Governor's Climate 'Successes' Show How Bad Our Policies Really Are
Governor Inslee is again touting his leadership in fighting climate change. A flier he distributed at a recent University of Washington town hall claims, “Washington has established ourselves as a leader on climate.” At the bottom of the flier, he lists four goals and successes that supposedly demonstrate our state’s leadership.
Presumably, these are the clearest four examples of success the Governor’s office could identify. If that is the case, it shows how badly his policies are failing. Each of the four claims has a serious flaw.
“On track for 29 percent reduction in greenhouse gases…”
To demonstrate that “Washington leads the way,” the Governor chooses a statistic that is not about Washington state at all. Washington is a member of the U.S. Climate Alliance, which includes 13 other states and Puerto Rico. As a whole, that group claims it is on track to meet the 29 percent reduction in CO2 emissions by 2025.
Washington state, however, is nowhere close to that goal. According to the Energy Information Administration, Washington reduced emissions by just 6.5 percent between 2005-2014 and will miss the promised target.
Governor Inslee is taking credit for the greenhouse gas reductions of other states, while his own state of Washington lags behind.
“$76 million” spent
Spending public money is easy for a governor, but is not a metric the environment cares about. The question is whether and how these taxpayer funds reduced carbon emissions. If they are like other subsidies for “clean energy” projects, the answer is, not much.
The fact that the Governor’s metric of success is simply spending public money indicates this is more about virtue signaling than real policy success.
“75 percent” carbon-free energy
Like the City of Seattle, the Governor appears to be counting both hydro and nuclear as “carbon-free” in his calculus. This is appropriate, but the Governor’s policies did not create those sources of energy, they have been around for decades.
Currently, carbon-free energy accounts for about 75 percent of our state’s energy generation. Hydro and nuclear account for about 90 percent of that. Solar and wind combined are less than 10 percent of Washington’s carbon-free energy, despite receiving most of the attention.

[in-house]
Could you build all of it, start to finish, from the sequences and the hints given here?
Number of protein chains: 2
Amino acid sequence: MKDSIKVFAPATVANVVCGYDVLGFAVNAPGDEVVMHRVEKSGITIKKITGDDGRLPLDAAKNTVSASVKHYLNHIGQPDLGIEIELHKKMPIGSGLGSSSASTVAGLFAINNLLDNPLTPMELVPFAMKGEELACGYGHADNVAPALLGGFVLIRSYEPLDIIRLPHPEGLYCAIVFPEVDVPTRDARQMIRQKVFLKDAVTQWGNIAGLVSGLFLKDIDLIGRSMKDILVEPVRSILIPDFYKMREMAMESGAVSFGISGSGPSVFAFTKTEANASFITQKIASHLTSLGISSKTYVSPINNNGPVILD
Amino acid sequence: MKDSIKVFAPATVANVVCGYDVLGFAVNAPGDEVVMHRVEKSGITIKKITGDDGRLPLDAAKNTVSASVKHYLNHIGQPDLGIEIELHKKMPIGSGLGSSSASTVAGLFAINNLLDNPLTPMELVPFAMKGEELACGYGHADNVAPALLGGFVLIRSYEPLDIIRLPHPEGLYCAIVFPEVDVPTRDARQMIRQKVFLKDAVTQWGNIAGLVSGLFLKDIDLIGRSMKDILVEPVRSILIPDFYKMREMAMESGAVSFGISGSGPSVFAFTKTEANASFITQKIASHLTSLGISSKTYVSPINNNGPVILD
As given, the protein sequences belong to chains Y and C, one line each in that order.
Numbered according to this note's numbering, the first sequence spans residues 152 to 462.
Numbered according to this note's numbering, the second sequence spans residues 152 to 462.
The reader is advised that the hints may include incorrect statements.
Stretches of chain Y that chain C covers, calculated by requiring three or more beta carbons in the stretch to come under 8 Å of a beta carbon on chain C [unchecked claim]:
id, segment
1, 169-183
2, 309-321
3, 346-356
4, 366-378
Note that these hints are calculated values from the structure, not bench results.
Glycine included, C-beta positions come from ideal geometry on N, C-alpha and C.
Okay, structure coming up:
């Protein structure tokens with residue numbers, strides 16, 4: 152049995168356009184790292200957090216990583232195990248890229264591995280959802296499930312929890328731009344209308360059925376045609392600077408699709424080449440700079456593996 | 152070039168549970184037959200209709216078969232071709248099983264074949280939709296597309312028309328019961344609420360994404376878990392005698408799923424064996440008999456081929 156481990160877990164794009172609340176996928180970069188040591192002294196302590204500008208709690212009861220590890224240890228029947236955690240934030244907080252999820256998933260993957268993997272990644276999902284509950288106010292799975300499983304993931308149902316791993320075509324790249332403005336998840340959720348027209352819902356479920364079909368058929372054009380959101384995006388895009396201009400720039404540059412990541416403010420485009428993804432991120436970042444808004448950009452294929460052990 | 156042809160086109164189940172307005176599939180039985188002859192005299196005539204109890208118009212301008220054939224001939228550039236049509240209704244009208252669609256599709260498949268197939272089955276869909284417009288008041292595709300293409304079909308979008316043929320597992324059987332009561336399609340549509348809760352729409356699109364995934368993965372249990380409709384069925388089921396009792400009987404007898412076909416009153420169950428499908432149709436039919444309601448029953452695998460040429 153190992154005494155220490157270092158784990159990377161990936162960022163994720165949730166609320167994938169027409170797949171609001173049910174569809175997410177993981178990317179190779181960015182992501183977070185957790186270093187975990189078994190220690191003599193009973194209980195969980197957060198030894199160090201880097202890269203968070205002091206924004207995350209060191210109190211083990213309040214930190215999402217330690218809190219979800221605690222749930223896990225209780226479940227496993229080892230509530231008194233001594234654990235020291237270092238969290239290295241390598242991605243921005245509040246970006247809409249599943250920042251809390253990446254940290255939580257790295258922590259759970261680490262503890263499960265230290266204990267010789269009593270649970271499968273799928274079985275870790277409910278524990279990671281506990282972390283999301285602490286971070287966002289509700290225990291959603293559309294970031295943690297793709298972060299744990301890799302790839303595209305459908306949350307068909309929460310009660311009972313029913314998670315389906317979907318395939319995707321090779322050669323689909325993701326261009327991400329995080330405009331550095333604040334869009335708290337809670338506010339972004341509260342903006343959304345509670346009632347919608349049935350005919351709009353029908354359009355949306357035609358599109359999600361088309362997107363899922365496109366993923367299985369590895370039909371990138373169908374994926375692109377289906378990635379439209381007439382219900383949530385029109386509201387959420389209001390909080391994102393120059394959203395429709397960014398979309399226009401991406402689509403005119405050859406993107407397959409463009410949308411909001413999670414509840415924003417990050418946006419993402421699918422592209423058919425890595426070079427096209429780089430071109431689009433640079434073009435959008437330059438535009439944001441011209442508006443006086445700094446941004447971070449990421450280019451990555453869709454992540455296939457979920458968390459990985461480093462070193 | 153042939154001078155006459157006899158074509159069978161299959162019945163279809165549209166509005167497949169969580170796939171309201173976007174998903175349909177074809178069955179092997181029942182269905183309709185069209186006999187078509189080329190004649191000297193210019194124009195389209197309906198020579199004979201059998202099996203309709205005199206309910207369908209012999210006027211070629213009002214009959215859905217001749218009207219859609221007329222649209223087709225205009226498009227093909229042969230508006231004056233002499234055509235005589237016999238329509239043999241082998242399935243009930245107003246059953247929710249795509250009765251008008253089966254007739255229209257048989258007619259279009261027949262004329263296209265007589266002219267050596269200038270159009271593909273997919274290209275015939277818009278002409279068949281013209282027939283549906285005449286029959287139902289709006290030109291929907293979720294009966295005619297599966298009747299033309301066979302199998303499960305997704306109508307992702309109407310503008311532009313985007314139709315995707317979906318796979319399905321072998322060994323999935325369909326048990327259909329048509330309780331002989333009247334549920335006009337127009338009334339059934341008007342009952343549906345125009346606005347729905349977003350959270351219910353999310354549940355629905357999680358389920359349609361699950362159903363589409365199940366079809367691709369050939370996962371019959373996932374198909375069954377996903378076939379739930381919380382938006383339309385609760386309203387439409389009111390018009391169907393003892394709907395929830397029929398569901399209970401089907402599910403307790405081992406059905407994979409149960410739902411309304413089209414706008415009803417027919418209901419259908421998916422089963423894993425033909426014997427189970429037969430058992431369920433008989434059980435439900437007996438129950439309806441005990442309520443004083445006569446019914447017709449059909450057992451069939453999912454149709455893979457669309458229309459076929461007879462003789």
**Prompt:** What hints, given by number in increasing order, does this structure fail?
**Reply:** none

Again, this is taking credit for something the Governor didn’t do.
“Aiming for 75 thousand electric vehicles”
There are two major problems with this point.
First, in 2013 the Inslee Administration set a target for electric vehicles in Washington state. The goal, however, is not 75,000 but 50,000. Subsequently, the Governor’s office conceded the goal of 75,000 was an error. The Governor’s office didn’t even know its own targets.
Second, Washington is not on track even to meet the lower target of 50,000 electric vehicles. The interim goal for electric vehicles in June of this year was 29,000. In fact, Washington was 15 percent below that target with only 24,624 electric vehicles in the state.
So, they appear not to know their own goal and have substituted a lower goal that we are nowhere close to achieving.
Put simply, the Governor’s best case for leadership on climate change includes taking credit for results in other states, spending money without knowing the results, taking credit for carbon-free energy he inherited from past governors, not knowing his own electric vehicle goal and failing to meet even that real, lower target.
If Washington state wants to achieve positive change, step one is, “Admit you have a problem.” The Governor, and many in the environmental community, are still stuck on that step, refusing to recognize that our environmental policies don’t work. It is time to stop pretending a political approach of subsidies and top-down regulation is working. Until we admit that, Washington will never lead the way in protecting the environment.